Climate Change threatens world's poorest says Oxfam

The anti-poverty group Oxfam says global warming is altering the human food supply and threatening some of the world's poorest people with hunger
December 4, 2017
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Bali climate change conference begins

Representatives of more than 180 nations gathered on the Indonesian island of Bali today to kick off a United Nations-sponsored conference on global climate change. The U.N. hopes the meeting will conclude with a road map toward a new agreement on reducing the types of air pollution many scientists believe are driving changes in the earth's climate.
December 3, 2017
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Hopes for treaty on climate begin to wither

International climate negotiations for a global climate treaty are not producing the required results in the given amount of time left before the Copenhagen conference in December, diminishing the hopes for a resolution at this conference.
October 26, 2017
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UN scientist: Eat less meat to tackle climate change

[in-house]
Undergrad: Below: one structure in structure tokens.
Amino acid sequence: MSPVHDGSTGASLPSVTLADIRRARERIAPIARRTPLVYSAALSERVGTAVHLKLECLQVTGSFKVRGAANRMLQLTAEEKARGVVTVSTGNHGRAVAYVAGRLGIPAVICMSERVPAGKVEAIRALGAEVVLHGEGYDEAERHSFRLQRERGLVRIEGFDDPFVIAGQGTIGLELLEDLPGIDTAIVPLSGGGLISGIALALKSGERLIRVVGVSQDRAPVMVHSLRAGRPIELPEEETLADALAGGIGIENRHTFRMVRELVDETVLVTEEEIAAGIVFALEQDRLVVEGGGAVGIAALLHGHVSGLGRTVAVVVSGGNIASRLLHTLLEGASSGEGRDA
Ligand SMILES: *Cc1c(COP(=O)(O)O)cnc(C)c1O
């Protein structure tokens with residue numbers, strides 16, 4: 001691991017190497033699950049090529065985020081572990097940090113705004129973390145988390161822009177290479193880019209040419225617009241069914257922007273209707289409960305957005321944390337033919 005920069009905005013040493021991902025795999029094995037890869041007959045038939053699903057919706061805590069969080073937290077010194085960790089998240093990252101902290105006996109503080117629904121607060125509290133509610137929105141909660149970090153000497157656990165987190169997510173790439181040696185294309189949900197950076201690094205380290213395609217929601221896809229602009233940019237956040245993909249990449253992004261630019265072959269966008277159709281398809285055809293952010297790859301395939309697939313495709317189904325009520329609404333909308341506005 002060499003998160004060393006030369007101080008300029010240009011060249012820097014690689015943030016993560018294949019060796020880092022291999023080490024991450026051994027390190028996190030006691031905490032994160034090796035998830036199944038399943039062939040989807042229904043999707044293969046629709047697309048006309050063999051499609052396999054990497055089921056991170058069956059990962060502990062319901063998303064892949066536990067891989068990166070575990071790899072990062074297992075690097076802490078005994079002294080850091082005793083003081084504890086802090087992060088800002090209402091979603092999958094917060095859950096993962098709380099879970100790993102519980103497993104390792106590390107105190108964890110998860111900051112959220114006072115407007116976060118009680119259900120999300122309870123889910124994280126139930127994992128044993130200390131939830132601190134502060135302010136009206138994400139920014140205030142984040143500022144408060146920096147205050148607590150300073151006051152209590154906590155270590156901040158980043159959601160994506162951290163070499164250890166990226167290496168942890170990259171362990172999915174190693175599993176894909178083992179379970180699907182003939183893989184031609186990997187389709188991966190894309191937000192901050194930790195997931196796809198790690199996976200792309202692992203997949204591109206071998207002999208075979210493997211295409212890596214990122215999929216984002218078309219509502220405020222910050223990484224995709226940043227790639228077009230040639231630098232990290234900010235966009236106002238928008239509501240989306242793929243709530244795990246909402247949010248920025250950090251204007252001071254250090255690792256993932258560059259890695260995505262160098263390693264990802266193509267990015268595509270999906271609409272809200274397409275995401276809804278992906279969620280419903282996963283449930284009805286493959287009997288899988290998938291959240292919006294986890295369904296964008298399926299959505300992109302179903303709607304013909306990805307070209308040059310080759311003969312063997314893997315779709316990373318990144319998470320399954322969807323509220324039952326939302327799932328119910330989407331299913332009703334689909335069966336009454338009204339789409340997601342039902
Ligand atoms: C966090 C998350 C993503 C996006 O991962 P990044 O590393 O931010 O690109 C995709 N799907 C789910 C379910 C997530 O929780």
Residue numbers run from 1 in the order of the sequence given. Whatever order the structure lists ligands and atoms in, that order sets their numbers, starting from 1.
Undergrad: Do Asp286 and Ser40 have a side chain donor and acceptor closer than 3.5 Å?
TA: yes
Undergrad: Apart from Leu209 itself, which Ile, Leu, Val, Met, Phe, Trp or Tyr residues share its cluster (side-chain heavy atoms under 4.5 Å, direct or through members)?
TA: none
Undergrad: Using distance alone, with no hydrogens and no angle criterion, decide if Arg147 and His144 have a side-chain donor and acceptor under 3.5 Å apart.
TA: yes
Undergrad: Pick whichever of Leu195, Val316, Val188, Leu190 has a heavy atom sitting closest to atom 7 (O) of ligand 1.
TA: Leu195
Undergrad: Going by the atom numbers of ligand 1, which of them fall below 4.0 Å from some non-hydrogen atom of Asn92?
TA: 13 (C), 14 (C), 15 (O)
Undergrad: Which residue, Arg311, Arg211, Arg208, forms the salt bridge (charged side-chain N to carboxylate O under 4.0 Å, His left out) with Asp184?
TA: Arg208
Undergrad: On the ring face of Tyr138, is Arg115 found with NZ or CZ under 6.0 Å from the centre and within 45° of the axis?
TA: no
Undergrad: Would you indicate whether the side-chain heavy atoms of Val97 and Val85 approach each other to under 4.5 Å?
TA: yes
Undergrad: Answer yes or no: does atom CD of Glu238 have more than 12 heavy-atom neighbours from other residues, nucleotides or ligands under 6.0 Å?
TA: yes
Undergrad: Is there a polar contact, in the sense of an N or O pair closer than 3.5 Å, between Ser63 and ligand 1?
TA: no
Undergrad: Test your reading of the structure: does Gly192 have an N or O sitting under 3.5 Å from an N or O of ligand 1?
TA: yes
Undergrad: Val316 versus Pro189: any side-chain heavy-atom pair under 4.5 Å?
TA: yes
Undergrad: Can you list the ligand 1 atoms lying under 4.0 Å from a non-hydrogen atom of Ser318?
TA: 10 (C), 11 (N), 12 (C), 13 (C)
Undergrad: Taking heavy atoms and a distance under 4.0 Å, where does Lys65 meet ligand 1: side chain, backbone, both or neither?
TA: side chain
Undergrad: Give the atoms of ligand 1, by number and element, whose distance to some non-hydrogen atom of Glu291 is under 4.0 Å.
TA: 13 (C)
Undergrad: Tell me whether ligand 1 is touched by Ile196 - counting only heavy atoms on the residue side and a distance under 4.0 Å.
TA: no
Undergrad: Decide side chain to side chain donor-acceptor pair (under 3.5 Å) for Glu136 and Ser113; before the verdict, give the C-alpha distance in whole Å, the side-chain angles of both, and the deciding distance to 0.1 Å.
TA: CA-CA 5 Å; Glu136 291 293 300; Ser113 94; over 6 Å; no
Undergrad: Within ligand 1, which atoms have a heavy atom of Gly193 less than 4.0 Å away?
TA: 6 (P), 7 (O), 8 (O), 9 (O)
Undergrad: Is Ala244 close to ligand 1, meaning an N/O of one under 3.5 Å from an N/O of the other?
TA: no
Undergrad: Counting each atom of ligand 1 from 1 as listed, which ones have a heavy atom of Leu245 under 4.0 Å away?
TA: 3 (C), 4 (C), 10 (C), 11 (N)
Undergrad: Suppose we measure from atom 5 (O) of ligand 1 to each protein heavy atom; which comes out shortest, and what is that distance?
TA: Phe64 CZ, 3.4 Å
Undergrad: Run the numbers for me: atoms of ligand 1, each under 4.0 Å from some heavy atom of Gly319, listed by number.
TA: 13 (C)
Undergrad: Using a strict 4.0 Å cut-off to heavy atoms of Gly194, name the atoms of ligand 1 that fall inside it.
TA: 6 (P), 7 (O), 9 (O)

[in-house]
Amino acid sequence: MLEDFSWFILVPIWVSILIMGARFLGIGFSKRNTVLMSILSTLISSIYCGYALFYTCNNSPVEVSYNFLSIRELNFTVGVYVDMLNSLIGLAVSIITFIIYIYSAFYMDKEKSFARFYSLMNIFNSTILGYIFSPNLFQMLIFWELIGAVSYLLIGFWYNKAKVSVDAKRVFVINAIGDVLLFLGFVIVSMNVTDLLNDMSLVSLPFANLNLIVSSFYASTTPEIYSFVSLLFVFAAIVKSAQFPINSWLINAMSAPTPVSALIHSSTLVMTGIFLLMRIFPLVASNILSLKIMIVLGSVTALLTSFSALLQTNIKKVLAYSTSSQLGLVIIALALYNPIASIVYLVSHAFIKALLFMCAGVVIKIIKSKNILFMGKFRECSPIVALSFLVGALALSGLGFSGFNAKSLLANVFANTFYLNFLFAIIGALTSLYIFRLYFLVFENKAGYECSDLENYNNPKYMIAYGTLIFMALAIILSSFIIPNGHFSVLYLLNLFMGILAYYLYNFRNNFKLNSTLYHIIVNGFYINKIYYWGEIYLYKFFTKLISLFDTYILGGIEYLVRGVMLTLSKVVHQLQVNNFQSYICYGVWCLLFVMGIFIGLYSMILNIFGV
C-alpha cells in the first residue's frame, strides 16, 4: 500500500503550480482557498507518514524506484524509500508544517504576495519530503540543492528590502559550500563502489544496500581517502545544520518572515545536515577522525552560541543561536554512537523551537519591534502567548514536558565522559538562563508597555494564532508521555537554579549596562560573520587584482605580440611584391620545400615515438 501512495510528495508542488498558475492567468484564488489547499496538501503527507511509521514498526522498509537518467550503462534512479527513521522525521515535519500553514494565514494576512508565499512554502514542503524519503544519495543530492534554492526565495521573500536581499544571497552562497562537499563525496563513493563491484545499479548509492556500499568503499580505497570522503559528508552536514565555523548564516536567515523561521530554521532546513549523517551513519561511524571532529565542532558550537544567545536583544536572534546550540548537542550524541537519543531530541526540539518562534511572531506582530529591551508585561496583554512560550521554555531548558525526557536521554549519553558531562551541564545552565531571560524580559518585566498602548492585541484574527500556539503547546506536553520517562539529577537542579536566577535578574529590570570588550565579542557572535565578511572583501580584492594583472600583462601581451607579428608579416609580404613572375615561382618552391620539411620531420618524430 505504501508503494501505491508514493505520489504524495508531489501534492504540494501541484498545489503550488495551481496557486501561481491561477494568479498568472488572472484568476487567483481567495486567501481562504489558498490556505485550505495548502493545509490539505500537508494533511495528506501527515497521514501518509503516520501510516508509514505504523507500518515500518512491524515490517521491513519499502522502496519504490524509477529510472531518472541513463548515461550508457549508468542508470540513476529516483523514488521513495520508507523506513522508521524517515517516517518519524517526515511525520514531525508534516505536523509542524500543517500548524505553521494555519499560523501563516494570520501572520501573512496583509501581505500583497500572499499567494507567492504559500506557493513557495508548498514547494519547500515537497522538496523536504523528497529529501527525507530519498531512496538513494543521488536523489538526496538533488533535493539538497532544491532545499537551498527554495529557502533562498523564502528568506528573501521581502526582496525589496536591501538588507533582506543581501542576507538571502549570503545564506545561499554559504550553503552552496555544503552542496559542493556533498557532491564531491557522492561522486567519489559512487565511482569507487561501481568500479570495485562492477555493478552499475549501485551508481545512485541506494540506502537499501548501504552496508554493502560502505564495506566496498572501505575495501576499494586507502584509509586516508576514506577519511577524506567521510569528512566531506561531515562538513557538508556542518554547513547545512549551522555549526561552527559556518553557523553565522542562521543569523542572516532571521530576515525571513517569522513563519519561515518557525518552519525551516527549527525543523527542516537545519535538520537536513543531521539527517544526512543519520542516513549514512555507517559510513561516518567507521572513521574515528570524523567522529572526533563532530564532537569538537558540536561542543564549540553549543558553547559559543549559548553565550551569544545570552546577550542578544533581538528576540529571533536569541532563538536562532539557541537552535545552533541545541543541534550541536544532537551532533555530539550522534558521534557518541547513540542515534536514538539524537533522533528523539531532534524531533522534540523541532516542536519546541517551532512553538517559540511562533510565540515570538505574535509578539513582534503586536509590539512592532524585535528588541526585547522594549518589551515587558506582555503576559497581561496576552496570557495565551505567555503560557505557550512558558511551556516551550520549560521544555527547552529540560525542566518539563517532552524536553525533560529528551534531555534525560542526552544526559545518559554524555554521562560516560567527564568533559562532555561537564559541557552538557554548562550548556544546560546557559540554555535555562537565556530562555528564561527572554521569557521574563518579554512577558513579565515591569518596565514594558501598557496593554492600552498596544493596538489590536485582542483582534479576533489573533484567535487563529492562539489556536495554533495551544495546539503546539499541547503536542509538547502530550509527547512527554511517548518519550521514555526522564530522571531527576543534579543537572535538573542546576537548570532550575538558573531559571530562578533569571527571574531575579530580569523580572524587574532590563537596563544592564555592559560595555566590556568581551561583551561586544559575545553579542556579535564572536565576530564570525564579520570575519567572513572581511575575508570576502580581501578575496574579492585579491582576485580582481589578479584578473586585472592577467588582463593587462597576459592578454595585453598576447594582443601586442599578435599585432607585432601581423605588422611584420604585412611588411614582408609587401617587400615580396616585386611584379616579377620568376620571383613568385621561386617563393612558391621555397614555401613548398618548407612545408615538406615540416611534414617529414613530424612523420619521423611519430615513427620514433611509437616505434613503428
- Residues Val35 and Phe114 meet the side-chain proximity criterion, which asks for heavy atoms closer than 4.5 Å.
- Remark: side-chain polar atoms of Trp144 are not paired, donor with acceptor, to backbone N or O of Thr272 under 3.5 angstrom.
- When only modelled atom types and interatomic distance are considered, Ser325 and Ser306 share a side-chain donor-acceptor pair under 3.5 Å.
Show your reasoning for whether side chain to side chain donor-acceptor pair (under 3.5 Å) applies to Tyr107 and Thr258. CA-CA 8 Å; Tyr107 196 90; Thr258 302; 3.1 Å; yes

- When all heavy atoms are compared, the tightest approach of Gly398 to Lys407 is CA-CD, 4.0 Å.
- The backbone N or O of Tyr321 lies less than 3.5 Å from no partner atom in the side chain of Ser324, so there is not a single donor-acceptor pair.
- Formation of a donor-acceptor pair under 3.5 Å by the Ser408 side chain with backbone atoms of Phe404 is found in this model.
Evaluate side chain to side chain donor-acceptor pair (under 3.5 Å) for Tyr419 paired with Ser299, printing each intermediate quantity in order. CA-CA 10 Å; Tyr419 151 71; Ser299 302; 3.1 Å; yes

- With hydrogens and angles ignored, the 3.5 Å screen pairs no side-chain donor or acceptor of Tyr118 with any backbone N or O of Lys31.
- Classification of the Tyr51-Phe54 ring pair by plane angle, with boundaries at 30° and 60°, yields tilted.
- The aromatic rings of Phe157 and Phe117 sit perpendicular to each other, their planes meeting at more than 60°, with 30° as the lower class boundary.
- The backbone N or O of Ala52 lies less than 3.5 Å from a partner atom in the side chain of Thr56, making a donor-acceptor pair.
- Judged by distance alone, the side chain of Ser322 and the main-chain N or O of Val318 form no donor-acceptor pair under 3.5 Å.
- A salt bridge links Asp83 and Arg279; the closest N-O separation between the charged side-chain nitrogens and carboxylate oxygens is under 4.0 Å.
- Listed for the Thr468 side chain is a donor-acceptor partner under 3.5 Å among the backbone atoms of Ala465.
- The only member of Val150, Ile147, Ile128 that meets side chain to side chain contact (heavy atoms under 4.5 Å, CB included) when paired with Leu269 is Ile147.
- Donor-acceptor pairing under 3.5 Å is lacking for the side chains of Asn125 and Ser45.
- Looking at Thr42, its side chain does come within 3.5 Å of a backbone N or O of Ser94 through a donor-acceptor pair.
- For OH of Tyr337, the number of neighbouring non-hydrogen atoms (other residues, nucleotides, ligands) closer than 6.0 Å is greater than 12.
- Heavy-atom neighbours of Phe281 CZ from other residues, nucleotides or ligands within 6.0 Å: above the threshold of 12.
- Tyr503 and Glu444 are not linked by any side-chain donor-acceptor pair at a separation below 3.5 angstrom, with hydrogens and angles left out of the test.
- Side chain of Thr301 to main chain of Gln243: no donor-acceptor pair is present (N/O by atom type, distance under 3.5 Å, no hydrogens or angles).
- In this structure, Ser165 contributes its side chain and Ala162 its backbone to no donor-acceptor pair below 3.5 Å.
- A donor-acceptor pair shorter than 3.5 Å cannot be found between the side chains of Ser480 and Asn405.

Rajendra Pachauri, the chair of the UN-run Intergovernmental Panel on Climate Change (IPCC) has said that eating less meat is a good way to reduce damage to the climate.
September 7, 2017
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Copenhagen accord

The Copenhagen Accord[1] is a document that delegates at the 15th session of the Conference of Parties (COP 15) to the United Nations Framework Convention on Climate Change agreed to "take note of" at the final plenary on 18 December 2009. The Accord, drafted by, on the one hand, the United States and on the other, in a united position as the BASIC countries, China, India, South Africa and Brazil, is not legally binding and does not commit countries to agree to a binding successor to the Kyoto Protocol, whose present round ends in 2012.[2] The BBC immediately reported that the status and legal implications of the Copenhagen Accord were unclear.[3] Tony Tujan of the IBON Foundation suggests the failure of Copenhagen may prove useful, if it allows us to unravel some of the underlying misconceptions and work towards a new, more holistic view of things.[4] This could help gain the support of developing countries. Lumumba Stansilaus Di-Aping, UN Ambassador from Sudan, has indicated that, in its current form, the Accord "is not sufficient to move forward on", and that a new architecture is needed which is just and equitable. [5]
June 14, 2017
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